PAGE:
As everyone else in the chamber stared at the stranger with credulous nightmare paling their gaze, a-Jeroth explained how a vision had come to him through the soul of the very Land. "I felt the power of Andelain itself, its special inner life and glory, in me, speaking. And under the shadow of Gravin Threndor, the heart of Andelain chimed the words of truth for me to speak in turn to you.
"Many of you know of the Power of Command. If you do not, know only this: it is a might not to be abused at all. And Nekrimah, the keeper of the great lore of the Demondim, seeks to abuse it utterly. High Lord, I must speak with you and all who are privy to the nature of the Power in question, but otherwise alone."
Then, he had flicked an eerie glance at Vail, and Kevin felt words surging in his mind, a phantasm of Haruchai magic. There may be spies among the Lords. Vail, I charge you with the task of finding these, if they are here, before harm comes to the Council. The malice of the Demondim is not the only evil whose advent is imminent.
So the chamber cleared of all but a-Jeroth, Kevin, Vail, Hamn, Lords Trintil and Ramhora, and the Loresraawling, Jarment Arkentia.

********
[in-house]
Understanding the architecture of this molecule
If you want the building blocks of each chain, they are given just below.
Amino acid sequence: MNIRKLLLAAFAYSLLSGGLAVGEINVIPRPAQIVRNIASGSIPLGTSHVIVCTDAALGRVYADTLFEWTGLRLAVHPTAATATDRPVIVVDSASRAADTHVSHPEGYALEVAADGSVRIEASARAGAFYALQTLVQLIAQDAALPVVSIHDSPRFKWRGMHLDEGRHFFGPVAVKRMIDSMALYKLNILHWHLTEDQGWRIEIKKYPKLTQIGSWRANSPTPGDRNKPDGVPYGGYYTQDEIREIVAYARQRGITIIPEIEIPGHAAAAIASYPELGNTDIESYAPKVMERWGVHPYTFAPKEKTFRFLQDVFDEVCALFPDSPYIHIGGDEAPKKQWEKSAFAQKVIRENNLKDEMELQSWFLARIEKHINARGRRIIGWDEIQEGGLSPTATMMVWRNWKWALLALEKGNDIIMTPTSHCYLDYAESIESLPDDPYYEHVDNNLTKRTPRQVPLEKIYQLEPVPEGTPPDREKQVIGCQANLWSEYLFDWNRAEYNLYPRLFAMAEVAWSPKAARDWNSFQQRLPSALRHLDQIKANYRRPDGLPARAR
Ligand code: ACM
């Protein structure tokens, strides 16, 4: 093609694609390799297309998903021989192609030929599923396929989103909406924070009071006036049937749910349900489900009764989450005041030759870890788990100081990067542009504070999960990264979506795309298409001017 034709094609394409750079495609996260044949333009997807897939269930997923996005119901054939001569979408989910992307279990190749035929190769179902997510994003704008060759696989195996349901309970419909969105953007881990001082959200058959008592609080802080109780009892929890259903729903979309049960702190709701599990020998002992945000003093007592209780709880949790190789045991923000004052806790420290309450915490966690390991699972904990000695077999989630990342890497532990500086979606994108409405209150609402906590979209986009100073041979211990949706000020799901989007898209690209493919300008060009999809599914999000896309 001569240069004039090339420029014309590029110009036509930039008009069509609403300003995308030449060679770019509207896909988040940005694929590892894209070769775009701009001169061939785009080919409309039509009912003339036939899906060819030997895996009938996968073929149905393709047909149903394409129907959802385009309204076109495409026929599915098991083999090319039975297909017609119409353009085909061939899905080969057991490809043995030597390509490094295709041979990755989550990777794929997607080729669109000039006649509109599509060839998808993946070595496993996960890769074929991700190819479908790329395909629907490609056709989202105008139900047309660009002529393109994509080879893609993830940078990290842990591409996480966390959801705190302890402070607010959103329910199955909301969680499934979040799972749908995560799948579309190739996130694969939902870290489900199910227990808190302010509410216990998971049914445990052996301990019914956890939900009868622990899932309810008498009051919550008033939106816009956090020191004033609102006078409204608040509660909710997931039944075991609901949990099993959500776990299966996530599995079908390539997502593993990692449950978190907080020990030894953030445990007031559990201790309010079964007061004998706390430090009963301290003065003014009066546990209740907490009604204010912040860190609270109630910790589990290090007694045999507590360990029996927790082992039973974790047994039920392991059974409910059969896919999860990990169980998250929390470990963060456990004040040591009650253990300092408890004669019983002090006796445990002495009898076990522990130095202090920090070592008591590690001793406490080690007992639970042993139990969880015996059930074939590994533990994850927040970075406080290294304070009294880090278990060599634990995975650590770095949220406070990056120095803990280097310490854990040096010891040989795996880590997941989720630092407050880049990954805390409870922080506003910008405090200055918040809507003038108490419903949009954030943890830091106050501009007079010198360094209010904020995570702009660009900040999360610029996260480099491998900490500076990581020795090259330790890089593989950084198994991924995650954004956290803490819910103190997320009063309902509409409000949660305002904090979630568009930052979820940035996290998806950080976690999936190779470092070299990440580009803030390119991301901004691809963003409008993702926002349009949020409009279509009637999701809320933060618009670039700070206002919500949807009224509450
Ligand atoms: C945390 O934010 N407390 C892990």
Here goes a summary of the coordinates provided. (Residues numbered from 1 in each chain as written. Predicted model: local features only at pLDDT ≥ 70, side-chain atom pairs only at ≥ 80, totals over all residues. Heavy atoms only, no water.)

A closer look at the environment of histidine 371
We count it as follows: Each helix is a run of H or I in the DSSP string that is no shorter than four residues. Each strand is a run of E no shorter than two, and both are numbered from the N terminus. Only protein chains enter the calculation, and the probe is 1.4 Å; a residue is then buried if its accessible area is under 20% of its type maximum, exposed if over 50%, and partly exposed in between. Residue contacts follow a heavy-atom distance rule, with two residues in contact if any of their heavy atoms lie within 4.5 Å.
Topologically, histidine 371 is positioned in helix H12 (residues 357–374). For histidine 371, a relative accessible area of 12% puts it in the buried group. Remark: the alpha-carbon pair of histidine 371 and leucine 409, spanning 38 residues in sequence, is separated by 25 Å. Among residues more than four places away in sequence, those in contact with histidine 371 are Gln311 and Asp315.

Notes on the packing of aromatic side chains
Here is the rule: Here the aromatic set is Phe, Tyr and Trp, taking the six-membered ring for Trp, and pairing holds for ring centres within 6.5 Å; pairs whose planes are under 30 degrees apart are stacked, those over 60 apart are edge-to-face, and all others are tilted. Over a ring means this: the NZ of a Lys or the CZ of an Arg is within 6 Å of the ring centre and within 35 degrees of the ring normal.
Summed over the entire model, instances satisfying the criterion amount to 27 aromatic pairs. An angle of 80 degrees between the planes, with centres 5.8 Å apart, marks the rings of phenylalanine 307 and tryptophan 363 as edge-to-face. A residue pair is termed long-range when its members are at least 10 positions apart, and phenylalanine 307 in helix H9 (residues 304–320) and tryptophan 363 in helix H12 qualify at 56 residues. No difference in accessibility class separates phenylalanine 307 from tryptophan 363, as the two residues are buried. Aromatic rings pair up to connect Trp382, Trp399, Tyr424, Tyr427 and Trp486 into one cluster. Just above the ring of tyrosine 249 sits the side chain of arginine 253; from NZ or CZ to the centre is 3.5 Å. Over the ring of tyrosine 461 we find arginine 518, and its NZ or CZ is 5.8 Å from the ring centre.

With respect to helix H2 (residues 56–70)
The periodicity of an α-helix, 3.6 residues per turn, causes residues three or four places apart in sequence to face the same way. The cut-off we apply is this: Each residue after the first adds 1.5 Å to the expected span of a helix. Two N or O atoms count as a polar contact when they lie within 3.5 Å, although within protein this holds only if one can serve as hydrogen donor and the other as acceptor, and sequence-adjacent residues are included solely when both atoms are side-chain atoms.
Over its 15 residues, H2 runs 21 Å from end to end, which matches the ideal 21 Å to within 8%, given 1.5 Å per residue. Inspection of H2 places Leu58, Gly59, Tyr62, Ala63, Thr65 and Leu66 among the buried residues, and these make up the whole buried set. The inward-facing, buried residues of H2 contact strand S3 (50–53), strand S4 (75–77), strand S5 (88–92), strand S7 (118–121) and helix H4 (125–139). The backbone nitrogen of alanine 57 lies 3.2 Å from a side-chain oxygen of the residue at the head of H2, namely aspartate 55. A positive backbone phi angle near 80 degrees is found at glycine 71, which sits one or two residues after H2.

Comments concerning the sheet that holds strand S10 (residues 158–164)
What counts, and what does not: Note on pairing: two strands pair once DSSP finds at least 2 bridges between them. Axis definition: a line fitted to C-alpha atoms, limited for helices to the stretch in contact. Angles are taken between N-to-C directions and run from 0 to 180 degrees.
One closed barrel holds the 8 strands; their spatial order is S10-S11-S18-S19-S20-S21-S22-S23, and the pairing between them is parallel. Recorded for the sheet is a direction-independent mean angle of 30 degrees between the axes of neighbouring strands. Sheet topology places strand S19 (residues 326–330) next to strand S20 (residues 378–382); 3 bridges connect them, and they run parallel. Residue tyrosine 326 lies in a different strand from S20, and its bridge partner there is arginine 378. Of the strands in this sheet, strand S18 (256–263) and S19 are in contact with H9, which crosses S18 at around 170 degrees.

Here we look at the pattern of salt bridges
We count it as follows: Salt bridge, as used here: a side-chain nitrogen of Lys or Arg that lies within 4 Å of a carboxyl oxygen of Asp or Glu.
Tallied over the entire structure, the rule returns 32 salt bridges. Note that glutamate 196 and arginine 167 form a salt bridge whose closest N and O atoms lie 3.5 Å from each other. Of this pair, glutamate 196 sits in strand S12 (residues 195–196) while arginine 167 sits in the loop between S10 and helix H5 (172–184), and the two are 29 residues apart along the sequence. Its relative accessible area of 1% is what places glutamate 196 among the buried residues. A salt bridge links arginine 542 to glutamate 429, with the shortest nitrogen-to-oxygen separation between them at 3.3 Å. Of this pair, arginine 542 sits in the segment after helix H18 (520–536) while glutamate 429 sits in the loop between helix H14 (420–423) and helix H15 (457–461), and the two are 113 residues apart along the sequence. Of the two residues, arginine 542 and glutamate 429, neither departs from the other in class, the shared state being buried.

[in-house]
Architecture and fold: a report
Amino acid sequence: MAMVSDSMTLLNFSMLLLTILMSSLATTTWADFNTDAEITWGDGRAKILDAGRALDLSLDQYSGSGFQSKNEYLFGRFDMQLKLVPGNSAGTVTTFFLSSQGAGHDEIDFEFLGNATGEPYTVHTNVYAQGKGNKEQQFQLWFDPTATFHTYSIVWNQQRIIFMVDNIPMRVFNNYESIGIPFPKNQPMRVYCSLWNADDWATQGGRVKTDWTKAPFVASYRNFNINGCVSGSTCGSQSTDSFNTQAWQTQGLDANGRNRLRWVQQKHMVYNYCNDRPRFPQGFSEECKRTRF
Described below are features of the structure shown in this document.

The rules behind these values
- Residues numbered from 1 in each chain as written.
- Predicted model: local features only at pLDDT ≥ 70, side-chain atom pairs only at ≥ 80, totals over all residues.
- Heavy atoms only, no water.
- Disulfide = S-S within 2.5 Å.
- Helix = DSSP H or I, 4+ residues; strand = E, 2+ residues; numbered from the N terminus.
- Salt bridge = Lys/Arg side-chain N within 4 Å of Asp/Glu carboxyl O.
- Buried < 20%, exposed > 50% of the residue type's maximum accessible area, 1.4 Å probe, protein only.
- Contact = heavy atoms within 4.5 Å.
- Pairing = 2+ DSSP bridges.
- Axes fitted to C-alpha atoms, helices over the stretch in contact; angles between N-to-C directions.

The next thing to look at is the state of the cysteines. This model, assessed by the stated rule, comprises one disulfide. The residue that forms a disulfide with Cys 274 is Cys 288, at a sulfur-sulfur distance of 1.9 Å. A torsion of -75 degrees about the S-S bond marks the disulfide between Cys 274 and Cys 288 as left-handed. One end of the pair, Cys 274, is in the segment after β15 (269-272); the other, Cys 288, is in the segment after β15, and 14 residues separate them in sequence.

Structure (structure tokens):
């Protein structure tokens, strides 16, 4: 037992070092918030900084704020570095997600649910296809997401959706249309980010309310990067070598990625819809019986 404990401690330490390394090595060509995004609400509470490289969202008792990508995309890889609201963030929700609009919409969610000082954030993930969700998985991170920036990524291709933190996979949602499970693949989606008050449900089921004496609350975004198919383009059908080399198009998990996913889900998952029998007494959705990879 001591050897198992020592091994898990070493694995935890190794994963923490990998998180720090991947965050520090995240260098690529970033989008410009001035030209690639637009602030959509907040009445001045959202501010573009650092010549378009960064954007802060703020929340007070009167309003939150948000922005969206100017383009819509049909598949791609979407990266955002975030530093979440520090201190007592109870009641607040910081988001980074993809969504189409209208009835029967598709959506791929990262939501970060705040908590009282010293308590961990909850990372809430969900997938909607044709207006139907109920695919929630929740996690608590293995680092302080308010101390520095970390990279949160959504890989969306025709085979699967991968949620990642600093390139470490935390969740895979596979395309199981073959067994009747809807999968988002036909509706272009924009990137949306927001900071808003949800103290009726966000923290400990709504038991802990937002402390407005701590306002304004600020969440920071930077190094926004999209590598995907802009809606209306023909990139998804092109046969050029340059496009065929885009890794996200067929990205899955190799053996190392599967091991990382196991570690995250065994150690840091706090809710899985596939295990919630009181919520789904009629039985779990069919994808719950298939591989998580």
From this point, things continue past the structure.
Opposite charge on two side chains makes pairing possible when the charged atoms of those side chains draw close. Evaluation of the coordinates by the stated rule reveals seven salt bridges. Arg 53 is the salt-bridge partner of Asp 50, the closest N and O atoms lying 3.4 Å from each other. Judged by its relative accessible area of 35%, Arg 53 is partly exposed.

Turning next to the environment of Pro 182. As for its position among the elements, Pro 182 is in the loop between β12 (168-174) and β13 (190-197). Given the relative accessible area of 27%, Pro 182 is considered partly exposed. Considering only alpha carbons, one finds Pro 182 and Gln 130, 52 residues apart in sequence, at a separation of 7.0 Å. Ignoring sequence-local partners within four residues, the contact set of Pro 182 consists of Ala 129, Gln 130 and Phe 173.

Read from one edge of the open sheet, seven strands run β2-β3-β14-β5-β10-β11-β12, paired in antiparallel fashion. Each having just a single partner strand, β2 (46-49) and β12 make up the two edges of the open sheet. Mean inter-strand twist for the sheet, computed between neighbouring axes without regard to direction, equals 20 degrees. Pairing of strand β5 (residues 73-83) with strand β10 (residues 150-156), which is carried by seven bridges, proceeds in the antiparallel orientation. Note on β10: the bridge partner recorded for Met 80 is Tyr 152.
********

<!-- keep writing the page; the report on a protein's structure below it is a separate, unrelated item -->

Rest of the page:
"I have confessed the truth of the world's creation by the Creator," a-Jeroth said to the others. "Have you?"
All who could had nodded or otherwise gestured assent.
"Then know this: brother to the Creator is the Despiser, he who would break the Arch of Life and Death, unseal the gates of Time, and bring forth the power at the ending of all things, to bind the world forever in the name of damnation and Despite.
"Cast down during the genesis of this world, the baleful one is the author of all monsters and banes upon the Earth. Much would the Creator wish to reach into the world and silence these evils forever. Yet if he were to make the attempt, the eternal ravage of his might would itself unmake the Arch and free the Despiser to avenge his incarnate agony upon the heavens."
Kevin also nodded to these things. "Such is spoken of in the gloamscript," he added. "Or by those who have worked at dreaming the dreams of Forestals."
"It is indeed those who would know best of this truth. As it is said, the Creator's heart is wrung with transcendent sorrow at the crimes of the Despiser in Time upon the Earth. Yet there is but one crime that might be committed such as would occasion the Creator to abandon himself and his will to transcendent despair. It is this crime which the Demondim loremaster seeks to commit."
The other Councillors almost all gasped-except of course for Vail and Hamn, who merely shrugged, and Jarment, who frowned.
"What is this sin that you fear?" Kevin had asked, imagining myriads of answers as he waited for a-Jeroth's reply.